California Craft Beer Brewers Balance Drafts and Drought
This article was written by Julie Watson and first appeared on the Associated Press
FALLBROOK, Calif. (AP) -- Amid severe drought, the water board in this Southern California town imposed restrictions on Fallbrook Brewing Co., just as the tiny brewer doubled capacity to meet demand for its craft beers.
To cut monthly water use by about 10 percent, owner Chuck McLaughlin bought an extra 310-gallon tank to catch water used in the brewing process to reuse it for cleaning equipment. His new brewhouse includes a chiller that uses two-thirds less water than his old one.
As a small business, there's no extra money to pay potentially thousands in fines if he exceeds the limit.
So far, "it's been very close," said McLaughlin, whose brewery is run out of a former consignment shop in Fallbrook, a town of 30,000 people about 60 miles north of San Diego.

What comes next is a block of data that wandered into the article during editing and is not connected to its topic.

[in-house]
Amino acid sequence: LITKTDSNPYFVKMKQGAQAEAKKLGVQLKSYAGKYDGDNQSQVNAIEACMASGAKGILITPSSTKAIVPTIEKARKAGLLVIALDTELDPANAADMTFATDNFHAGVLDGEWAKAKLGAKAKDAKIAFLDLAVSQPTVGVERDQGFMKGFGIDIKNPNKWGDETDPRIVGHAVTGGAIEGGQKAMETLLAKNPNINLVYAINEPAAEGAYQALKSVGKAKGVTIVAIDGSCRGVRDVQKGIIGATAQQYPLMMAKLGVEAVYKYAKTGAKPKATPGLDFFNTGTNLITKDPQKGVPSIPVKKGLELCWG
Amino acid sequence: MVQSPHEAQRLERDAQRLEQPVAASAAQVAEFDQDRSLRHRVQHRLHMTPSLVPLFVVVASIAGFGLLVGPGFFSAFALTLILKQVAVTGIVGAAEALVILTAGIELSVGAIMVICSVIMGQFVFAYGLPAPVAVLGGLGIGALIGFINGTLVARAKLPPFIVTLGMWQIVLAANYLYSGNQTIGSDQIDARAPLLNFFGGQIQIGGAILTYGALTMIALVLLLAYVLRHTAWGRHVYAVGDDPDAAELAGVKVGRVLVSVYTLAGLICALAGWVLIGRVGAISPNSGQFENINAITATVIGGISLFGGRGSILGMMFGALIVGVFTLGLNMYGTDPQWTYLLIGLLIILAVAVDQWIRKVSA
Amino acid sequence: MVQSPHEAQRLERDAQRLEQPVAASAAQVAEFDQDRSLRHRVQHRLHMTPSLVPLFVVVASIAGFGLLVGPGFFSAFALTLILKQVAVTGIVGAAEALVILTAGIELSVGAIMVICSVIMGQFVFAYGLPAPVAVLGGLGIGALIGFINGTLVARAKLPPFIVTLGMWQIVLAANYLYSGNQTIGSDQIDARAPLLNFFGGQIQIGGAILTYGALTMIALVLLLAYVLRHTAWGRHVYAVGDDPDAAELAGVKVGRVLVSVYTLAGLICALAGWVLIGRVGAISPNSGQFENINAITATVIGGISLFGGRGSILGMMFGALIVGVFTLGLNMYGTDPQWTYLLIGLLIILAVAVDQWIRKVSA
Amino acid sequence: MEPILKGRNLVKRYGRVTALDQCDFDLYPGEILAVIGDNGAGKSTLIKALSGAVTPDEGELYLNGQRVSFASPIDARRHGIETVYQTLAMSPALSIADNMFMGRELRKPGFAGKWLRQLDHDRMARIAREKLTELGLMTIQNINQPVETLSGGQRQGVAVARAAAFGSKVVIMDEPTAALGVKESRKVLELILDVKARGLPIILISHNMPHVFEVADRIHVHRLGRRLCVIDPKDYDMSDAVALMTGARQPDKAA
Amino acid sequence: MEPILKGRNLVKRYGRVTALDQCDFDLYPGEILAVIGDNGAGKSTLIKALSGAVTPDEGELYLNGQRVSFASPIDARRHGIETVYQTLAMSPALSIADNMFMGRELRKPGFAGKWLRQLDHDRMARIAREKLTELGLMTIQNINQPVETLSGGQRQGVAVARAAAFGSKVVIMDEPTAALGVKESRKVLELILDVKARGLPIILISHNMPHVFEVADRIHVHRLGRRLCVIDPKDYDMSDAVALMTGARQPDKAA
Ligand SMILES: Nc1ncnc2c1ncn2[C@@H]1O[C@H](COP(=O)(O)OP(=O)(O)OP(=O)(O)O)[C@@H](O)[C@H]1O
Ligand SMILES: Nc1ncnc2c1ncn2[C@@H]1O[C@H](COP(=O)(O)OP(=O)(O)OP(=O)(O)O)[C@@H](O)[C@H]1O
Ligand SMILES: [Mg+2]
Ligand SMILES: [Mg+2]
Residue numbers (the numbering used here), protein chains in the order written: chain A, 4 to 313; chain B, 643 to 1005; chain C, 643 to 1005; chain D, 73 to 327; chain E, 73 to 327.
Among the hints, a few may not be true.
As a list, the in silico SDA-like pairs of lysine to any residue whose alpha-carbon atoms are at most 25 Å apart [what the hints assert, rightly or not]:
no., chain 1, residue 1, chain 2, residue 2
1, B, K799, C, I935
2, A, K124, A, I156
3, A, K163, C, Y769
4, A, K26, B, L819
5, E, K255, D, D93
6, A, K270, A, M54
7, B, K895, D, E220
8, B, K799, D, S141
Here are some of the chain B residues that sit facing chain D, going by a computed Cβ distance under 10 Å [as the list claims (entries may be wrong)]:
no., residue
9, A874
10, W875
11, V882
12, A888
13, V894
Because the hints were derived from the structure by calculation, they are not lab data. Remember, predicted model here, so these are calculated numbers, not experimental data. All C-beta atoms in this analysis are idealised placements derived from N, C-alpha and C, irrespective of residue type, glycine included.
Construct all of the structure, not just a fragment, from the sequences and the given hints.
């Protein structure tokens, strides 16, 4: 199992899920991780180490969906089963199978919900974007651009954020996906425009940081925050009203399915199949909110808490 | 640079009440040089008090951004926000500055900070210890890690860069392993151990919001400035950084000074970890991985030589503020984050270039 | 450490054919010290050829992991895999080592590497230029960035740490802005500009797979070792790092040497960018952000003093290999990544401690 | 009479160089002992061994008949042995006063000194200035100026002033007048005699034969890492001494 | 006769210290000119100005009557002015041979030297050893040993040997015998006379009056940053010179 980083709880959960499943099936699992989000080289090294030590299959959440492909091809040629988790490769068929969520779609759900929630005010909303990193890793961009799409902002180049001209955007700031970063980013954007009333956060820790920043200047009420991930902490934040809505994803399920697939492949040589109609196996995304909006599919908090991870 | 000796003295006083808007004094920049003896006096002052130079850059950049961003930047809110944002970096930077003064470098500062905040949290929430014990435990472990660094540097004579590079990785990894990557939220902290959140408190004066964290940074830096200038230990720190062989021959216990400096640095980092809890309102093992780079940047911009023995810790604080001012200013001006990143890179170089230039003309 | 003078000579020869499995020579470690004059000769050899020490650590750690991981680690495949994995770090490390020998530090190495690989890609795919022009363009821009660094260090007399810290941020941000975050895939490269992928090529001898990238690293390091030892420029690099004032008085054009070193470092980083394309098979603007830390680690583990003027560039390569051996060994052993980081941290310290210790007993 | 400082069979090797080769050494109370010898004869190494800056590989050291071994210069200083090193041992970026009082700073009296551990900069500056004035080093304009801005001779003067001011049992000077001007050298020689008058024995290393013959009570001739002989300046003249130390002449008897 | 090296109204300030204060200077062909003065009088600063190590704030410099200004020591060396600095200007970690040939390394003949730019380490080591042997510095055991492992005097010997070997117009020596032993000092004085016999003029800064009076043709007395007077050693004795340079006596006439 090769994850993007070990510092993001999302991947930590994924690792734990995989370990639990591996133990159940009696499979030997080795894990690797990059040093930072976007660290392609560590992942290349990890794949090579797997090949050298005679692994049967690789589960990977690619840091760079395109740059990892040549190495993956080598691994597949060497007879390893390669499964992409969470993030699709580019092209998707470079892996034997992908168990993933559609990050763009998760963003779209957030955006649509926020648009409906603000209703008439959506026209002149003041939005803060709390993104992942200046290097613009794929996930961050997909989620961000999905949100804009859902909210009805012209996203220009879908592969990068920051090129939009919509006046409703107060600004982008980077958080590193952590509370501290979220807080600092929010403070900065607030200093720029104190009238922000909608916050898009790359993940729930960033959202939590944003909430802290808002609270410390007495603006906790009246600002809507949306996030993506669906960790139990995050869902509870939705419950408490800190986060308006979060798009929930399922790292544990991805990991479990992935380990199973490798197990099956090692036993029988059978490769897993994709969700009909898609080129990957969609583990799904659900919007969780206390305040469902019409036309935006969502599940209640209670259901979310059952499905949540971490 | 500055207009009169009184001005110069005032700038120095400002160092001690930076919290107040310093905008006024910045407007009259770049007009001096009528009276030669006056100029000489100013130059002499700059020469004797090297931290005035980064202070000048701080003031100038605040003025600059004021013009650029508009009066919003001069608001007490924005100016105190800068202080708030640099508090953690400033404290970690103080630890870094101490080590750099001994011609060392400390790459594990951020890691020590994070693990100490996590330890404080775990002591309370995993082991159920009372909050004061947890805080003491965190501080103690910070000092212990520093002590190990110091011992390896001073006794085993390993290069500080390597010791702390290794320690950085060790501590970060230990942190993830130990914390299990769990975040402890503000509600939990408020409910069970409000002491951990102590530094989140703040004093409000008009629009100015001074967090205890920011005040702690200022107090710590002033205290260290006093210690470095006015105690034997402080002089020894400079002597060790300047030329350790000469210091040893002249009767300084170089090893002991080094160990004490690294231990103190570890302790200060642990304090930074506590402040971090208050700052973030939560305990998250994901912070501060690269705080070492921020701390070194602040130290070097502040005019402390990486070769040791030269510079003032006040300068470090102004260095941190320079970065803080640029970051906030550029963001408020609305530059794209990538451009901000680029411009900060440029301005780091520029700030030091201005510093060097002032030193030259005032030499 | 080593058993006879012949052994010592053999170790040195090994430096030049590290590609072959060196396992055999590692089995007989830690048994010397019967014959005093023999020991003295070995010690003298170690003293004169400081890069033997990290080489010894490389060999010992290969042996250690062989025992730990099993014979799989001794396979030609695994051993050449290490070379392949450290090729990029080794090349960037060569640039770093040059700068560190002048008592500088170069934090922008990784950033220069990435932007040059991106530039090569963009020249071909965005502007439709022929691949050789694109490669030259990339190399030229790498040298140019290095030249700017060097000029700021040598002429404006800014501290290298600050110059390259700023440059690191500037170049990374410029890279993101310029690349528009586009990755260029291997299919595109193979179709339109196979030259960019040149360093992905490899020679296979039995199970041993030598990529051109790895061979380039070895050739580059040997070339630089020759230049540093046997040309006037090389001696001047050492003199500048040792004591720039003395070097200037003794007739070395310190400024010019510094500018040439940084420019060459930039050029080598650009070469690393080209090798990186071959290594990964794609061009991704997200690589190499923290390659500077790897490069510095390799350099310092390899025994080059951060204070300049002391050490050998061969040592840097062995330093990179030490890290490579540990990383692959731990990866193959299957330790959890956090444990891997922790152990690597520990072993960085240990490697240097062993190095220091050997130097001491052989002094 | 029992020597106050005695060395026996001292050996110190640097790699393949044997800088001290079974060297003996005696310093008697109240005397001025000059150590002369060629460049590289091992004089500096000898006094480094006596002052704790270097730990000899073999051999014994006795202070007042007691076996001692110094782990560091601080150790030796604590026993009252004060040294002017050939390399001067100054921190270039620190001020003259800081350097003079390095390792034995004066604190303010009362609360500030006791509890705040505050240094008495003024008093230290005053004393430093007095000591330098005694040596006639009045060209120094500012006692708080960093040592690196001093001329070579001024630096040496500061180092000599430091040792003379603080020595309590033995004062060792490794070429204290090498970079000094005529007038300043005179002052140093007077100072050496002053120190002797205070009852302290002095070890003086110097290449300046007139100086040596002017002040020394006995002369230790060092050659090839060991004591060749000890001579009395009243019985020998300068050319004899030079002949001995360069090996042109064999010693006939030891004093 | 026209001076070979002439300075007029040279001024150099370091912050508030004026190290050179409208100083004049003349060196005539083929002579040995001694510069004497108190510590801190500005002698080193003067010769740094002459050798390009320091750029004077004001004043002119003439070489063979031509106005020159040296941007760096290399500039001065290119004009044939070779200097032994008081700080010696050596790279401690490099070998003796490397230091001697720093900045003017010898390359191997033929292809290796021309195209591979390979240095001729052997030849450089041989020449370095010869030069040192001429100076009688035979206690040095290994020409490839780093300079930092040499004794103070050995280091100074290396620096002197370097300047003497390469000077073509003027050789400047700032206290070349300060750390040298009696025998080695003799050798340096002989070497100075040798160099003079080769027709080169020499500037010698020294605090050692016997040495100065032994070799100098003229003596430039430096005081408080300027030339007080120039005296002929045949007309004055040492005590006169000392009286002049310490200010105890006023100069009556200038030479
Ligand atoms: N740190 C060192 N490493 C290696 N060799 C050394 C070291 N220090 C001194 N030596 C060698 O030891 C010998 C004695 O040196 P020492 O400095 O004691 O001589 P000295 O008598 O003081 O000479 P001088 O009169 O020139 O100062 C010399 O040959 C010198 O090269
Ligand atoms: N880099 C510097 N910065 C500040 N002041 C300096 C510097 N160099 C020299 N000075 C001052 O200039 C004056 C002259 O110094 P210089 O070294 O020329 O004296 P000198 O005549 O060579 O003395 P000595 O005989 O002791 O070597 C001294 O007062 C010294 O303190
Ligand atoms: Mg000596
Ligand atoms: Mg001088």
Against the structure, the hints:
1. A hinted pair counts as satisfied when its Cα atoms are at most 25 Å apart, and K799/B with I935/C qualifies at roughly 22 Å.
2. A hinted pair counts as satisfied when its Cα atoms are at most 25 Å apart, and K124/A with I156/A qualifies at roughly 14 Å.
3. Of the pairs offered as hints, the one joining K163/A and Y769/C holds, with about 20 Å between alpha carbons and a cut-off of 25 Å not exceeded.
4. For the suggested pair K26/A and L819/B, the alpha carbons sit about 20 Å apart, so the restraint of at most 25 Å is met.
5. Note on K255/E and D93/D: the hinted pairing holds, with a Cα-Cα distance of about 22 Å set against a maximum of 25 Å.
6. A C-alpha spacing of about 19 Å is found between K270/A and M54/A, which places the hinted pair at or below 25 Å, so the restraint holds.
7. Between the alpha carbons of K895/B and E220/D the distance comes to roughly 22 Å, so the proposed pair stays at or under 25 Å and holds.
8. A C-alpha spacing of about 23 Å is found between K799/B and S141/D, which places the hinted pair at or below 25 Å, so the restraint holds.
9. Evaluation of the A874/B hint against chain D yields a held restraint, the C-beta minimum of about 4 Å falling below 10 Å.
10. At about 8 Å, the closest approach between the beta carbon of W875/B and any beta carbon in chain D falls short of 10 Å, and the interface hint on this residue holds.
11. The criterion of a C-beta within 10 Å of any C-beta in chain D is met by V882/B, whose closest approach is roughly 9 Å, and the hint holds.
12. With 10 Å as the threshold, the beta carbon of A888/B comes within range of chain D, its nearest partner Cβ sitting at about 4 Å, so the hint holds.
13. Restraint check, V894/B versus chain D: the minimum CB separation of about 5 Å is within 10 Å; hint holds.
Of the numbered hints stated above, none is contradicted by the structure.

California has more craft breweries - small, independent beer makers that use traditional ingredients - than any other state. More than 570 are in operation and another 240 are slated to open, according to the California Craft Brewers Association. Craft breweries contributed $6.5 billion to the state economy last year alone, producing 3.5 million barrels.
A typical craft brewery uses up to 7 gallons of water to make 1 gallon of beer. Some in California have decreased that ratio to less than 5-to-1, but they are still being asked to cut back to meet the state mandate, which aims for California's overall urban water use to go down by 25 percent when compared with 2013.
No other state in the drought-plagued West has taken such action...